Right up front, I’ll be honest about this dish: When we ran it through the Los Angeles Times test kitchen, no one liked it.
It’s not that they hated it; it’s just that they weren’t crazy about it.
So why should you waste your time trying it? Because I’m digging in my heels on this one. I’m right and they’re wrong. It’s good. That settles it.
It’s not that I don’t understand what everyone else was talking about. I can see how tasting this dish, eating in a rush, standing by the sink, waiting for the next thing to come out, you might not appreciate its full worth. In this setting, the food that wins is the kind that jumps up and down and waves its arms at you, not the one that quietly charms you.
I’m firmly convinced that some dishes, like some buildings, are sitespecific. Within their proper context they are absolutely wonderful. Take them out of that situation, though, and you think what-the-heck? Or worse. There is something monumental about pueblo-style architecture, the sinuous way the building’s curves fit the stark, sere surrounding mountains. But one of the silliest buildings I ever saw was an adobe structure in Malibu.
So let’s talk about where this dish comes from. I served it one night after a good strong spring rain. It was the turn of the season, those days when Southern California changes from roasted golden brown to a rich and shimmering shade of green. Sometimes there seems to be so much chlorophyll in the air you can taste it.
But, of course, you can’t. So I figure, if you can’t eat green, you can eat greens. I am a big fan of greens. Mustard, chard, kale or collard - I like them sauteed with olive oil; I like them boiled with fatback. I like greens stirred in risotto and cooked in vegetable soup. Serve them with cornbread or crostini and I’m happy.
When I finally came in out of the rain after spending the morning working in the yard, I was thinking green thoughts. Which led, inevitably, to dinner. What I settled on was this lasagna.
Lasagna has a reputation for being a bruiser of a dish with heavy layers of noodles, thick tomato sauce, browned meat and lots of melted cheese. But this version is a kind of springtime compromise. It has some of my favorite things about heavy lasagna - the warm goosh of ricotta and the molten pull of mozzarella - but it’s different.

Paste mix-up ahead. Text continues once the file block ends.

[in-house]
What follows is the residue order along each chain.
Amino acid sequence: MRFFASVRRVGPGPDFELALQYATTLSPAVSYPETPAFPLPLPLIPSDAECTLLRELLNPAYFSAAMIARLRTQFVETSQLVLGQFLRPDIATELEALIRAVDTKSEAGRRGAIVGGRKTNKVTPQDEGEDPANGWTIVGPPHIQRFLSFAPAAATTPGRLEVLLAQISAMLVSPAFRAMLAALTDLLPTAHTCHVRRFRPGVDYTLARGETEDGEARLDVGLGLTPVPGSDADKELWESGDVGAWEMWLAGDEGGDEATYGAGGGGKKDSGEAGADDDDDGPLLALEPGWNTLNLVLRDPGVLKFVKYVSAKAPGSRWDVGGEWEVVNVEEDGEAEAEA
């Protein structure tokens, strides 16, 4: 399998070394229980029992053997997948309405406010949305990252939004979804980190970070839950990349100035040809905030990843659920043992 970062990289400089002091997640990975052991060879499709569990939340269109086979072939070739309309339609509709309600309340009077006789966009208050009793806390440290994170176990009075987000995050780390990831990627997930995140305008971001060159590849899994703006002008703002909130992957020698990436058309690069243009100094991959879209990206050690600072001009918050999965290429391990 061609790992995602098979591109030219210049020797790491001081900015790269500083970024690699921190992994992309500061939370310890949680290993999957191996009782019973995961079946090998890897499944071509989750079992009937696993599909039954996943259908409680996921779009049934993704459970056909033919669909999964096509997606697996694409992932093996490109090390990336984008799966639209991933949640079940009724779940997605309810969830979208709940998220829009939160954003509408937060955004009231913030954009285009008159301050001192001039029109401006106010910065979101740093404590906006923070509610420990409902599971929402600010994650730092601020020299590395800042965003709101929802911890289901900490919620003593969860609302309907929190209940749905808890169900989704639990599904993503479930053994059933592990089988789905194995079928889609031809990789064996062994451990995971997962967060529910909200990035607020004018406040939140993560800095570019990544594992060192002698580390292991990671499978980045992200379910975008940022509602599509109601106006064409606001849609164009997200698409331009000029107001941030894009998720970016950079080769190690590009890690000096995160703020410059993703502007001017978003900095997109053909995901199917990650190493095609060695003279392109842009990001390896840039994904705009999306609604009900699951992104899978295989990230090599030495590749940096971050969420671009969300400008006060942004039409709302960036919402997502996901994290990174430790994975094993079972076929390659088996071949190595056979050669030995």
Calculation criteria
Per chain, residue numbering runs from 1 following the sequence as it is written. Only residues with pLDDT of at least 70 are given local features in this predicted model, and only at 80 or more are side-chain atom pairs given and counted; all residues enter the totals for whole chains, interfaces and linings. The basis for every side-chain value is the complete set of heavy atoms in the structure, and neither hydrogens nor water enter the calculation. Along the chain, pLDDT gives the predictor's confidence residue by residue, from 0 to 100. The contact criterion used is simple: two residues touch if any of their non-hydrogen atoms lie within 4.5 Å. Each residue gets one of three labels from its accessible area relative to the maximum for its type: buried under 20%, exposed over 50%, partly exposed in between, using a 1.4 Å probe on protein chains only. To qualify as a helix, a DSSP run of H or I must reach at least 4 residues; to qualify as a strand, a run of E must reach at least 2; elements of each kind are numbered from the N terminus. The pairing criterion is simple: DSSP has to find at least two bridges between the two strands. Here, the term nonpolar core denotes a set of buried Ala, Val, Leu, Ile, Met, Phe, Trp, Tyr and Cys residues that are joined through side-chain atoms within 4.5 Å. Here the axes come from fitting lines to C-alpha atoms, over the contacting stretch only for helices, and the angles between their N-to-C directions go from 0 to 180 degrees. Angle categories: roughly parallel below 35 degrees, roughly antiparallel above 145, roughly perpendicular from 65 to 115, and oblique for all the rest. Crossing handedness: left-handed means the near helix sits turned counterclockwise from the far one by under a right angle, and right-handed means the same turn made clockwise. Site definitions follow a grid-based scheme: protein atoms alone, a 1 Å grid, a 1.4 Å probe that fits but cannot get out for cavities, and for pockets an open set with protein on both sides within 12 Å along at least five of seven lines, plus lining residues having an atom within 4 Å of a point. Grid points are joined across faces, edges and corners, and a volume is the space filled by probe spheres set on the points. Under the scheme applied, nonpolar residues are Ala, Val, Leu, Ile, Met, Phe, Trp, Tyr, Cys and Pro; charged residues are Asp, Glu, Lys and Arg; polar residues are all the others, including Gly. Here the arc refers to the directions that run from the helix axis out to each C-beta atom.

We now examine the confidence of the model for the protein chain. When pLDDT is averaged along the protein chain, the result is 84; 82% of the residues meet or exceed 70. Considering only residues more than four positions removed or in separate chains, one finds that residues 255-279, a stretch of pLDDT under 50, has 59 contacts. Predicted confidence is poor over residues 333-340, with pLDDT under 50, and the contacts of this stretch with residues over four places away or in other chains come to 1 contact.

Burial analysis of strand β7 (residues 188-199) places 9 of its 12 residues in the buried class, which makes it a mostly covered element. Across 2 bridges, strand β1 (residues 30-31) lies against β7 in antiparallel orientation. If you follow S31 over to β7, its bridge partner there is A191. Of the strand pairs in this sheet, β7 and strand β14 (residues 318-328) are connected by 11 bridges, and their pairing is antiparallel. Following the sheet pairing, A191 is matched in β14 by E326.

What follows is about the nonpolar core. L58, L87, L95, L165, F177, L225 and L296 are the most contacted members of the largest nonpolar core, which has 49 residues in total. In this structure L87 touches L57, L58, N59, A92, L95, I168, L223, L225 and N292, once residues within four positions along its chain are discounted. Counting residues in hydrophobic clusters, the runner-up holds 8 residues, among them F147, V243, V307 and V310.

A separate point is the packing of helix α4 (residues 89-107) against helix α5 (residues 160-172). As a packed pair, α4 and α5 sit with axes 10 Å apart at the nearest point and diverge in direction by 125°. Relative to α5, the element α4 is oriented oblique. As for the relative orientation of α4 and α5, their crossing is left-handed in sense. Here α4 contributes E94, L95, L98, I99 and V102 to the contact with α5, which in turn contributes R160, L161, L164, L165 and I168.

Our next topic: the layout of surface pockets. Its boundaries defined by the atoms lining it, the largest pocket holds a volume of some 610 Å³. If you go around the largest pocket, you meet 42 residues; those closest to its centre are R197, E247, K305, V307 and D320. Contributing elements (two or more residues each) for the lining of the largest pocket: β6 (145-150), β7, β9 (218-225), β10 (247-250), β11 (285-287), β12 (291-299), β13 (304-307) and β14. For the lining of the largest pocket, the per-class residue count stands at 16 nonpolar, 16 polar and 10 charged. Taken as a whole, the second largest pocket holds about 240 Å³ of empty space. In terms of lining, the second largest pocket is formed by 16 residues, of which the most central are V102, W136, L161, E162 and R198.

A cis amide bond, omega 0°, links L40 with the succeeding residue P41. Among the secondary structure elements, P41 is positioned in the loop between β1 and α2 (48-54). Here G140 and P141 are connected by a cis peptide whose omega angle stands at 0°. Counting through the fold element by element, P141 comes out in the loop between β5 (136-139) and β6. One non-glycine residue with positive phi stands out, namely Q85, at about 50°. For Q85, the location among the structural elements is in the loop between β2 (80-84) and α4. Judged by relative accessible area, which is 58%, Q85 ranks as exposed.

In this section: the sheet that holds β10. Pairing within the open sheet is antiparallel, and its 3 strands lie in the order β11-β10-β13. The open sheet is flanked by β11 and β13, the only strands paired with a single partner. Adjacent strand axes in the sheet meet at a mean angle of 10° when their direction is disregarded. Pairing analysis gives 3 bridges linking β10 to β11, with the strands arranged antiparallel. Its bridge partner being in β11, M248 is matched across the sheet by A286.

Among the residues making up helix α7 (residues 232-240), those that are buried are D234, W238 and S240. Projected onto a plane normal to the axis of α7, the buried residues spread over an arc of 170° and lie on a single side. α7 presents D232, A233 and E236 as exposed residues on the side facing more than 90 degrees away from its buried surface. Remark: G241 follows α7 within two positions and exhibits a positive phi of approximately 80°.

In this case, the mozzarella and ricotta are shot through with garlicky greens and earthy mushrooms instead of beef. And to keep it even lighter (or maybe just because I’d just been out trimming the tree and had plenty of fruit available), I flavored the ricotta fairly strongly with lemon. The lemon, garlic and greens worked very well together, in a quiet kind of way.
Because this is not a big brass band of a lasagna, the fresh pasta is essential here. Normally, I’m a driednoodle kind of guy - after a couple of years of making all my pasta fresh, I long ago came to embrace the convenience (and taste) of goodquality dried.
By the same token, in the case of an understated filling like this one, nothing but fresh will do. In the end, this lasagna is about textures and shadings of flavors. The soft architecture of fresh pasta seems the only thing that is appropriate to support this filling.
So go ahead and try it - all the better if you can make it on some cool spring night when it has just rained and green is the only color you taste.
Lasagna Of Greens And Lemon
1 bunch Swiss chard, rinsed, trimmed and chopped